Would you like to join us at next year’s PSA? Are you interested in learning more about the SOAN major and its opportunities for conducting, and presenting, independent research? Then be sure to drop by the SOAN Research Symposium, to be held this Friday, April 21st from 3:30-5:30 in the Tahoma Room…all are welcome, refreshments provided.
Congratulations to Allison Nasson, Prof. Utrata, and all of the students and faculty who participated in this year’s PSA!
We are very pleased to share the news that SOAN major Elena Becker (’17) has won first place at the 2017 Society for Applied Anthropology’s Student Poster Competition in Santa Fe, New Mexico. Her winning poster, titled Impacts of Development Discourse on Appropriate Technology “Solutions,” drew on fieldwork conducted in Madagascar, which was subsequently developed into her SOAN and Honors Program thesis. In addition to the stiff competition from her SOAN peers, the SfAA’s Student Poster Competition draws entrants from colleges and universities across the country and beyond, including many graduate students, so winning first place is an extremely impressive accomplishment. We asked Elena to describe her research and experience attending the SfAA conference:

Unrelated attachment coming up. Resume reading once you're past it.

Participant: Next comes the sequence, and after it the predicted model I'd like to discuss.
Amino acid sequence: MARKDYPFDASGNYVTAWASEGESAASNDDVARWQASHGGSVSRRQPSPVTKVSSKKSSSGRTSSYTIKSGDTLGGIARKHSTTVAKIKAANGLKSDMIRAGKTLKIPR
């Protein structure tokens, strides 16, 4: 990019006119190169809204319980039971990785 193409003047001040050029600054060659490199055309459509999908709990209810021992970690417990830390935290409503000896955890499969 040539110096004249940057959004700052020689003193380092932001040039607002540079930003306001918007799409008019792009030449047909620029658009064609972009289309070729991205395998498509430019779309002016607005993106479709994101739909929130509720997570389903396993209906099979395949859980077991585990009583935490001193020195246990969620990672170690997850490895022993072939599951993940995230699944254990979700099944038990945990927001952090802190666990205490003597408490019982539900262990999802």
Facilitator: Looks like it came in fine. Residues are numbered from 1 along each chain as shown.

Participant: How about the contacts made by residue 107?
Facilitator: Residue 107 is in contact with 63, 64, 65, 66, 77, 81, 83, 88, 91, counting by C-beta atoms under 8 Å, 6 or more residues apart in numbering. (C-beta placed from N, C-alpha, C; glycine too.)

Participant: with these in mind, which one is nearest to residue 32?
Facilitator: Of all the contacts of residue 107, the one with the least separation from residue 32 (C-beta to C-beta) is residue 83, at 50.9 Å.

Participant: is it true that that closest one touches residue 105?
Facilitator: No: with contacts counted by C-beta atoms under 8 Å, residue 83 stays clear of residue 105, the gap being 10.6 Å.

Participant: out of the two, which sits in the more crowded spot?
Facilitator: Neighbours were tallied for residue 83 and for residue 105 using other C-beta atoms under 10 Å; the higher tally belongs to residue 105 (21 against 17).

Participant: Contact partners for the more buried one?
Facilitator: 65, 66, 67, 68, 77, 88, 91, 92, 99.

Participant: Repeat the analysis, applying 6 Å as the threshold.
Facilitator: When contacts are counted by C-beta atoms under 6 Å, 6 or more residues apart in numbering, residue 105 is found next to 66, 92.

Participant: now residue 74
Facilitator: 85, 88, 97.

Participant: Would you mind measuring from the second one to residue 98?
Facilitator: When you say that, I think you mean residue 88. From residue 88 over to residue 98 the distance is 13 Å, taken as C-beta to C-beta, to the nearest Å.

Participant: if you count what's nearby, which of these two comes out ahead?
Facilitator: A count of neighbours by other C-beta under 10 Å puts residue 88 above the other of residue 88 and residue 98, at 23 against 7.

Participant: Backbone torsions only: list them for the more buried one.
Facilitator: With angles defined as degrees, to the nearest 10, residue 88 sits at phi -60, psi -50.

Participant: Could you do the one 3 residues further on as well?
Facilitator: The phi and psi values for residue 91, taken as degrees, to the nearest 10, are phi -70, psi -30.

When I went to Madagascar to study abroad in 2015 I had a vague idea that my required, month-long research would somehow involve rural to urban migrations and the preservation of cultural practices in cities. Spoiler alert: it didn’t. When I actually got to Antananarivo I started noticing small, metal cookstoves littering the streets. These stoves (called fatapera) were sold on every corner, used in street food stalls, and fired up in middle-class homes three times a day. Their omnipresence piqued my interest, and I ultimately focused my research on how researchers can apply characteristics of traditional stoves to alternative models in order to increase the latter’s popularity.